It is the tale of the 1000 children born in the first hour of India’s existence.  Narrated by Saleem Sinai, born at the stroke of midnight on 15 August 1947, a youth with telepathic powers who would eventually discover others like him and seek them out among the millions (“I contented myself with discovering, one by one, the secrets of the fabulous beings who had suddenly arrived in my mental field of vision, collecting them ravenously, the way some boys collect insects, and other spot railway trains.”), it is also the story of India itself, from the last days of British rule all the way down through the end of the Emergency.  Saleem himself is a modern day Copperfield, but has no questions about whether or not he will be the hero: “I’ve been hanging around in the background of my own story for too long, and although it’s still a little while before I can take over, it’s nice to get a look in.”  He is at once, unmistakably natural as a narrator (“Am I so far gone, in my desperate need for meaning, that I’m prepared to distort everything – to re-write the whole history of my times purely in order to place myself in a central role?”), and unquestionably funny (“How did Nadir Khan run across the night town without being noticed?  I put it down to his being a bad poet, and as such, a born survivor.”).

At one point I ended up re-reading this and re-watching Gandhi at the same time and the difference between the two was startling.  In Gandhi, we get straight-forward history, clean, forthright, well done, if at times a bit dry.  In Rushdie, we get a new, vibrant point of view.  Everything is alive – the people, the land, the history, all rich with texture and subtlety.  As we are reminded by Saleem: “Reality can have metaphorical content; that does not make it any less real.”  And so we learn about these thousand children, we see them interact, we are reminded that though they seem to hold the fate of their nation in their hands, they are still children, they will still have their petty arguments, their romances, their pains, their joys.  We see Saleem’s son, Aadam, born at that exact instant when India transitioned into The Emergency, and the words that Saleem uses to describe his son could also be describing his country: “He was the child of a father who was not his father; but also the child of a time which damaged reality so badly that nobody ever managed to put it together again.”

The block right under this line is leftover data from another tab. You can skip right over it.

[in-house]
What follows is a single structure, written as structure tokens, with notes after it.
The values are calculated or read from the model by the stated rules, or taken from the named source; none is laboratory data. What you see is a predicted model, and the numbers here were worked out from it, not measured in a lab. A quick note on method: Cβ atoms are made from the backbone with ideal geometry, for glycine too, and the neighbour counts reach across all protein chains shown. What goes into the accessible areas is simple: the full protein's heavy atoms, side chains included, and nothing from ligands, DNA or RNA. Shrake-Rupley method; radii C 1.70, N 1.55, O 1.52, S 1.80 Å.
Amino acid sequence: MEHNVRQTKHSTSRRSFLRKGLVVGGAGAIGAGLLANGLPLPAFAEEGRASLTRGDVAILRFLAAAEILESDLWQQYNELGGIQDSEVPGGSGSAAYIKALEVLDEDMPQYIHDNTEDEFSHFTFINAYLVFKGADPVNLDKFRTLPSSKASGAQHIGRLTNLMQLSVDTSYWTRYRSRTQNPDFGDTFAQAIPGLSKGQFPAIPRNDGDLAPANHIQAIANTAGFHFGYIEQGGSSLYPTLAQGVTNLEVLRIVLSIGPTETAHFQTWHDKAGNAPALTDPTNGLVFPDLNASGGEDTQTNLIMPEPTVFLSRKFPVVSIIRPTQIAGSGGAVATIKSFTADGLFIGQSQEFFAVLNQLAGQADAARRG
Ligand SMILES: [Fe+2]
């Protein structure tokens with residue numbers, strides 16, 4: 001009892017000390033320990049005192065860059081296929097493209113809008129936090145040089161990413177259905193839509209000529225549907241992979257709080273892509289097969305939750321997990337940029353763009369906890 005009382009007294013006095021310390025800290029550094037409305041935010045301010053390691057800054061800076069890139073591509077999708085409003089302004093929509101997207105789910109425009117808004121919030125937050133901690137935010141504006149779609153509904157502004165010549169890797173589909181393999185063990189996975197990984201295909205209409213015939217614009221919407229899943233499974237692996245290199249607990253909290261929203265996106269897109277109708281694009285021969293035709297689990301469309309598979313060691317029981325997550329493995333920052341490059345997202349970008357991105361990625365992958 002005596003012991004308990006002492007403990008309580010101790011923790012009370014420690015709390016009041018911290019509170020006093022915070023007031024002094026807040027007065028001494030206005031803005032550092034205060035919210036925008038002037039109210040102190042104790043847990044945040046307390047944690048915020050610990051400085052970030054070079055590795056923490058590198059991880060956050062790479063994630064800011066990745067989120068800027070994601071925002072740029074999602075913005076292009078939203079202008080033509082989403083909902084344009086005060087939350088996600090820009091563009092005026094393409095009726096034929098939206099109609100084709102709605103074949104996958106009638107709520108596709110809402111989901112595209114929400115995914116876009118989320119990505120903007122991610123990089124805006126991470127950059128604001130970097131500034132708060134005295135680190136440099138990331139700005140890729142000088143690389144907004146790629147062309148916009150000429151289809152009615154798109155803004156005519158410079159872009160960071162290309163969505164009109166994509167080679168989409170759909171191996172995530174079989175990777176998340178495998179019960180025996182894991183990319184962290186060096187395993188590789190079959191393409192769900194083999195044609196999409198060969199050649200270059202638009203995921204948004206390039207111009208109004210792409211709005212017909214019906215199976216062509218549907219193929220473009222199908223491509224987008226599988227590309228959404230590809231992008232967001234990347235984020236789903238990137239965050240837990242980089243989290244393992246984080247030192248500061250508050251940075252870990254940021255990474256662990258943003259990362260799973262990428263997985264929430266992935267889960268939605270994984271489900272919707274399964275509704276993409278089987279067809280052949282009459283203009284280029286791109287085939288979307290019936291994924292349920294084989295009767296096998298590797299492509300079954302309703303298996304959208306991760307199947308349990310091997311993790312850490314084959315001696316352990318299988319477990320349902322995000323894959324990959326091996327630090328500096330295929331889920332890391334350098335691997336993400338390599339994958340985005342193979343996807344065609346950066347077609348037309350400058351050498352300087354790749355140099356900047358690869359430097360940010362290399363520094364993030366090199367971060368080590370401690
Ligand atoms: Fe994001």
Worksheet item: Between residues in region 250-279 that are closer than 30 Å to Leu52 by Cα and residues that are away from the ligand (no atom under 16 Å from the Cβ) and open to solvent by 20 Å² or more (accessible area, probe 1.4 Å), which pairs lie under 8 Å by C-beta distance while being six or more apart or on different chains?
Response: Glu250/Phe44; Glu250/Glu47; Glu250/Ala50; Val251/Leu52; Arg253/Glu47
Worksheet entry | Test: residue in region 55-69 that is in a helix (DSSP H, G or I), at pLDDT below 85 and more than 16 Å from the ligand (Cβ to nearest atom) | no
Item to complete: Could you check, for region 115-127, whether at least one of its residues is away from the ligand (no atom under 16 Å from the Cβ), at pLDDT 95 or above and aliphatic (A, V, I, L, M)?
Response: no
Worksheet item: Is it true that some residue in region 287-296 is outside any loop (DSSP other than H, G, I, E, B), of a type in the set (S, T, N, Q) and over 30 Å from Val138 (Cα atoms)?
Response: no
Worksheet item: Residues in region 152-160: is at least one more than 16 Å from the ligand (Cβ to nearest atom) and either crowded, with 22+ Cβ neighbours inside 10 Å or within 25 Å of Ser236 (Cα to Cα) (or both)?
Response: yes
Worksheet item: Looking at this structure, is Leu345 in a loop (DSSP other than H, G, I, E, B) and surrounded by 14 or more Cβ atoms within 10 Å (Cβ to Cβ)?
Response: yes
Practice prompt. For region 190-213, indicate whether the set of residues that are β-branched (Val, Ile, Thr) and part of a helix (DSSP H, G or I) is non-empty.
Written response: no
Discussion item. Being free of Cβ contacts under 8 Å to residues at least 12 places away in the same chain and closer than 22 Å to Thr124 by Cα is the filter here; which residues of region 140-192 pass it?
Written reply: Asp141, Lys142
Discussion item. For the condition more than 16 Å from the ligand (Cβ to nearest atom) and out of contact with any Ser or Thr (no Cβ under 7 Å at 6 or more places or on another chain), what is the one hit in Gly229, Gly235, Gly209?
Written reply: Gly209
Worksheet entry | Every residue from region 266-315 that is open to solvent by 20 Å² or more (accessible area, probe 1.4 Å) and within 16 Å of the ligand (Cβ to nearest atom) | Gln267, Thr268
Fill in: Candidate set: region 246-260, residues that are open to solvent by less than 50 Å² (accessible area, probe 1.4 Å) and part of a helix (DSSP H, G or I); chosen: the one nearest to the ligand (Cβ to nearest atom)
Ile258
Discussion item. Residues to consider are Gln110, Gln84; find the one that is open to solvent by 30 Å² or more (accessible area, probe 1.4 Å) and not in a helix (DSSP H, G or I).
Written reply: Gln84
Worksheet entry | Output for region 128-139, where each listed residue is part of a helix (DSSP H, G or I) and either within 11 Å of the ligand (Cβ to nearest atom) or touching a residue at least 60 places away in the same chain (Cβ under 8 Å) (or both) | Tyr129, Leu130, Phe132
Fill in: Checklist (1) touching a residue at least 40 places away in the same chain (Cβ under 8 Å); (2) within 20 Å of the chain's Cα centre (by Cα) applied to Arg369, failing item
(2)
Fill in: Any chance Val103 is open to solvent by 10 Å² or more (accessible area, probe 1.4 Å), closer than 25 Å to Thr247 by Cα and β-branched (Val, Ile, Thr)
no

But all is not complete despair.  There is hope, even in those final lines of the novel, lines so reminiscent of Garcia Marquez’s famous ending to 100 Years of Solitude, precisely because he adds one element that Garcia Marquez was never quite able to manage, the one element that has allowed Rushdie to rise, complete with his mastery of the English language and with narrative form, to the top of all the world’s writers.  He has humor, even in the darkest of times:  “To tell the truth, I lied about Shiva’s death.  My first out-and-out lie – although my presentation of the Emergency in the guise of a six-hundred-and-thirty-five-day-long midnight was perhaps excessively romantic, and certainly contradicted by the available meteorological data.”

End Note:  One of the problems of doing such a list as I am doing is the living structure of it.  I am keeping to the list that I wrote for myself over a year and a half ago now, but after re-reading Midnight’s Children, I wish I had placed it higher, possibly into the top 30.